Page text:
An ethics crisis at one of the world's most successful human embryonic stem cell laboratories has plunged the controversial field of research into a new swirl of uncertainty, with U.S. scientists nervously wondering if the scandal will grow into a new wave of political backlash.
The accusations surrounding Korean cloning expert Woo Suk Hwang of Seoul National University -- the first scientist to grow stem cells inside cloned human embryos -- has already killed a spate of planned studies that sought to prove the cells' medical potential.
But the claims that Hwang may have obtained human eggs for his studies from women who felt pressured to donate are also reigniting a long-smoldering debate in the United States over the ethics of paying young women for their eggs, which are difficult to obtain but essential to the production of stem cells tailored to individuals.
Egg donation, which is generally safe but occasionally leads to serious and even life-threatening complications, has been a wedge issue in the stem cell debates, linking feminists and other liberal thinkers to conservatives who favor tighter limits on stem cell research.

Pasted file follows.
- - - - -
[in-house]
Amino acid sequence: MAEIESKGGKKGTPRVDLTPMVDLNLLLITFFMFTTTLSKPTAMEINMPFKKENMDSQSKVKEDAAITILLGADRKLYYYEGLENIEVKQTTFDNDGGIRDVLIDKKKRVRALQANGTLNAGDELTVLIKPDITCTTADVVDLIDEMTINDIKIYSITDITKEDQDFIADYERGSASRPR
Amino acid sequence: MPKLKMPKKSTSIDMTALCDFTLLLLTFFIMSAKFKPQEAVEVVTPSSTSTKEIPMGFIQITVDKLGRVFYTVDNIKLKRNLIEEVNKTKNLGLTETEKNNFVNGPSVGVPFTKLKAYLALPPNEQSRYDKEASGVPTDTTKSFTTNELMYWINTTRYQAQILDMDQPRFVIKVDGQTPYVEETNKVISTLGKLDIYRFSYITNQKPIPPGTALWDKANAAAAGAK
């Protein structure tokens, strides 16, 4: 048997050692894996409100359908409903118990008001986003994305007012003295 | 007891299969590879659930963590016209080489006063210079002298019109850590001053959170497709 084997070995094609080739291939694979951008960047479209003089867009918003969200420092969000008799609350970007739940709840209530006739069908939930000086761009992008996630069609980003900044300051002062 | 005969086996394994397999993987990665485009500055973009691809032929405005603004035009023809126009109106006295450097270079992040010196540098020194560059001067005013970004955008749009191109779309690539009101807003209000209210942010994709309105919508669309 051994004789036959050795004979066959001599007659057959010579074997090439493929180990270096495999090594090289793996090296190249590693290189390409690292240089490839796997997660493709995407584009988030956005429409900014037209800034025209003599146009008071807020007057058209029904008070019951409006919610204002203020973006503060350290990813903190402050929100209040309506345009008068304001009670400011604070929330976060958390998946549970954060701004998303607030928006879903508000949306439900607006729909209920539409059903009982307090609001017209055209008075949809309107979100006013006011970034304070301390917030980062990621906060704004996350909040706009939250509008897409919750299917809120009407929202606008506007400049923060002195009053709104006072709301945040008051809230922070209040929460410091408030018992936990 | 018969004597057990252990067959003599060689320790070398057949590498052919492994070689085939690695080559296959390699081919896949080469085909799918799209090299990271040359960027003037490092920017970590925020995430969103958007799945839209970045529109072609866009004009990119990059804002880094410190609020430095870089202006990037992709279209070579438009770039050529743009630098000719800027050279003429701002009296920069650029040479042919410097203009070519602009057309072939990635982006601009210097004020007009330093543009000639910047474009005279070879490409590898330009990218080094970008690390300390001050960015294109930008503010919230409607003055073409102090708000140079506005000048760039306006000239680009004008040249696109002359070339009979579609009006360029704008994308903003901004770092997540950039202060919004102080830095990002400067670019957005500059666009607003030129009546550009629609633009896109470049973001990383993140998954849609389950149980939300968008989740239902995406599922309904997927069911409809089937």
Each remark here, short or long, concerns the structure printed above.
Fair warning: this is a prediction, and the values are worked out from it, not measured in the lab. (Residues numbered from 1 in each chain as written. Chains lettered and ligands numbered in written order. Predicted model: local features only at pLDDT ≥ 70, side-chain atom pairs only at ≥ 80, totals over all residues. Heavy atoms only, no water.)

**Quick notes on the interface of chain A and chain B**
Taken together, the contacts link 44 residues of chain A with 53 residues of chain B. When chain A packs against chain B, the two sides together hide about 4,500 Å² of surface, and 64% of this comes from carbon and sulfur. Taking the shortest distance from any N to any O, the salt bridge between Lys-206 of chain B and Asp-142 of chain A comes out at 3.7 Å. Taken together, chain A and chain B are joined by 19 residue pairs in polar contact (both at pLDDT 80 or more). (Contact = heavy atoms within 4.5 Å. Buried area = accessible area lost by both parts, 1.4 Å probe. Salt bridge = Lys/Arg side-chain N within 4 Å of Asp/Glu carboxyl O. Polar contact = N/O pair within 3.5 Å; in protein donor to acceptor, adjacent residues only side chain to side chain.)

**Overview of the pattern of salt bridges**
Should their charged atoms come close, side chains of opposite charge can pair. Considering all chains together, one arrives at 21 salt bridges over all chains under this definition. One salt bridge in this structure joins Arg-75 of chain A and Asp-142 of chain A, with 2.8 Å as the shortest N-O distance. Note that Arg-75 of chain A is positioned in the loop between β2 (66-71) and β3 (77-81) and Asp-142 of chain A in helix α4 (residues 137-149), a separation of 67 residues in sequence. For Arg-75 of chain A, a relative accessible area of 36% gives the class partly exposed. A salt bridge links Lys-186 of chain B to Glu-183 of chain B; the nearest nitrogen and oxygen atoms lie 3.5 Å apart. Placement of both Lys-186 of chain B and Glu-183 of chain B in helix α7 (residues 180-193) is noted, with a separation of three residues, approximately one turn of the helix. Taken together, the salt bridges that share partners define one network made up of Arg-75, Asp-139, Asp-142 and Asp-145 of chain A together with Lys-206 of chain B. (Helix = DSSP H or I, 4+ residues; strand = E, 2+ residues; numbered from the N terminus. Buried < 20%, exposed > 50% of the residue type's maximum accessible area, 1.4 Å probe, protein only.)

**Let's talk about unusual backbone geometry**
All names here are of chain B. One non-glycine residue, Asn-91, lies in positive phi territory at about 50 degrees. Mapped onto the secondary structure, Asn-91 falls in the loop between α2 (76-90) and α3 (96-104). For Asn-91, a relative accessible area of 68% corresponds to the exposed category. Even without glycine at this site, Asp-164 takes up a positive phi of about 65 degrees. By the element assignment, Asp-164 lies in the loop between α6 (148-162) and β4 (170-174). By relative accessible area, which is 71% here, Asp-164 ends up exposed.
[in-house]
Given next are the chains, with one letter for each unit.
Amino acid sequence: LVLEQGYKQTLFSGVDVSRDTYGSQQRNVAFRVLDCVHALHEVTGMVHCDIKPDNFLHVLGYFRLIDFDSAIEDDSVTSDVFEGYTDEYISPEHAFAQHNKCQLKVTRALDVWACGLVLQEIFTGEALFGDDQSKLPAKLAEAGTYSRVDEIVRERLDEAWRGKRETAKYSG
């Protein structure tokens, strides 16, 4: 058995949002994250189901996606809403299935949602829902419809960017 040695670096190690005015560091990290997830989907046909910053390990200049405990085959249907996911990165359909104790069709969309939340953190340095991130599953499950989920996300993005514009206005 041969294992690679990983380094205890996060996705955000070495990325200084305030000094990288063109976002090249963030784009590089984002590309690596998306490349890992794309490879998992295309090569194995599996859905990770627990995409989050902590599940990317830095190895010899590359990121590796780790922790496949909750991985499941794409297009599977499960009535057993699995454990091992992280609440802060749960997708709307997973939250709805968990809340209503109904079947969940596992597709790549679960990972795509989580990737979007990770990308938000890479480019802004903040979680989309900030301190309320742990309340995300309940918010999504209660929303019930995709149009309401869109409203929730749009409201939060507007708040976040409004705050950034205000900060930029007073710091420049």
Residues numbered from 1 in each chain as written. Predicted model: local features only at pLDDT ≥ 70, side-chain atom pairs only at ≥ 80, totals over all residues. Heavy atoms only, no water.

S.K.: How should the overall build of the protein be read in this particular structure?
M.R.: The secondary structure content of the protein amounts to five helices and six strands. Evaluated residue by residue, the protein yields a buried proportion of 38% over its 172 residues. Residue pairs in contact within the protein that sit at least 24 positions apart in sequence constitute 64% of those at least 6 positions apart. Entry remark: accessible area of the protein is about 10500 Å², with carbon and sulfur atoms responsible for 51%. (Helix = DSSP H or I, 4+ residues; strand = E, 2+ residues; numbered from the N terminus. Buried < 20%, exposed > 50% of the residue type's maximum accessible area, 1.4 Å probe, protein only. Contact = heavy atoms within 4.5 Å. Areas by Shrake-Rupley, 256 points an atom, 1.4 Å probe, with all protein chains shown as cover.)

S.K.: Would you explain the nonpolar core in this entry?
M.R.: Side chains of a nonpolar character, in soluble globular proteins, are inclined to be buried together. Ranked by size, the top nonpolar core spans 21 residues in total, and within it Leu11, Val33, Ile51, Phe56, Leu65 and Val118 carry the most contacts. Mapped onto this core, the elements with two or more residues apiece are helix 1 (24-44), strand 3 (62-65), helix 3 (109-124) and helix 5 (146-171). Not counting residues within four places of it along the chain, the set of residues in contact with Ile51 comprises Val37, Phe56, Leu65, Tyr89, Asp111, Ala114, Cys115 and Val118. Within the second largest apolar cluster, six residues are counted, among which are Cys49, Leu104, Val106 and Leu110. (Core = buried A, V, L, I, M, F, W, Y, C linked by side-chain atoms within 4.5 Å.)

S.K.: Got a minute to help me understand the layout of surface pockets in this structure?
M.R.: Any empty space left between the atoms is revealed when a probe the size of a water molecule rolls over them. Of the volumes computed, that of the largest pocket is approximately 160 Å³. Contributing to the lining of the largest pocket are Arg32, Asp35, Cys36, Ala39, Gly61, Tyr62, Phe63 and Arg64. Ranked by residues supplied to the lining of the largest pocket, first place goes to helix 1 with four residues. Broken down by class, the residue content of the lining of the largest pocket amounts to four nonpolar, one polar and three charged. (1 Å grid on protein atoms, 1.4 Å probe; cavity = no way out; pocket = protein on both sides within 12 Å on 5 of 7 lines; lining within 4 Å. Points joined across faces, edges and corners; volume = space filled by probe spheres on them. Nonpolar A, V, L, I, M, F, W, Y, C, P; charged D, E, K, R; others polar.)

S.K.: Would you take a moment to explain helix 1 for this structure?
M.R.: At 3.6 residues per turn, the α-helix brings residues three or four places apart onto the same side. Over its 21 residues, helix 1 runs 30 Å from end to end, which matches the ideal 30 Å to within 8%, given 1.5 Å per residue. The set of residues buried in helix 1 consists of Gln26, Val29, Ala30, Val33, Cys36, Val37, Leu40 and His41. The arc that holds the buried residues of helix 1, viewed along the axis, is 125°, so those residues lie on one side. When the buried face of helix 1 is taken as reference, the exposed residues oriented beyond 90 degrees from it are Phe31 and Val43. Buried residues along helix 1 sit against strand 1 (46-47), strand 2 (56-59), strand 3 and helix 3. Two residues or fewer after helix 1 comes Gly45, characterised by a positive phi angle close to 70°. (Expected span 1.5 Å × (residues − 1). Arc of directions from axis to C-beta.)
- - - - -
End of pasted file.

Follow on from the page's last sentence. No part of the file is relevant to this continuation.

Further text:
With a wide range of stem cell bills primed for congressional action as early as January, the South Korean meltdown could bolster those seeking stronger limits.
"We're in danger of making women into guinea pigs for this research even before there are any treatments to be tested," said Marcy Darnovsky, associate director of the Center for Genetics and Society in Oakland, Calif., a pro-choice public policy group that favors stronger oversight of egg donation and other biomedical technologies. "We really need clear rules that someone is enforcing."
The imbroglio erupted a week ago when University of Pittsburgh biologist Gerald Schatten abruptly severed ties with Hwang, his collaborator of nearly two years, saying he had evidence that Hwang had obtained human eggs unethically.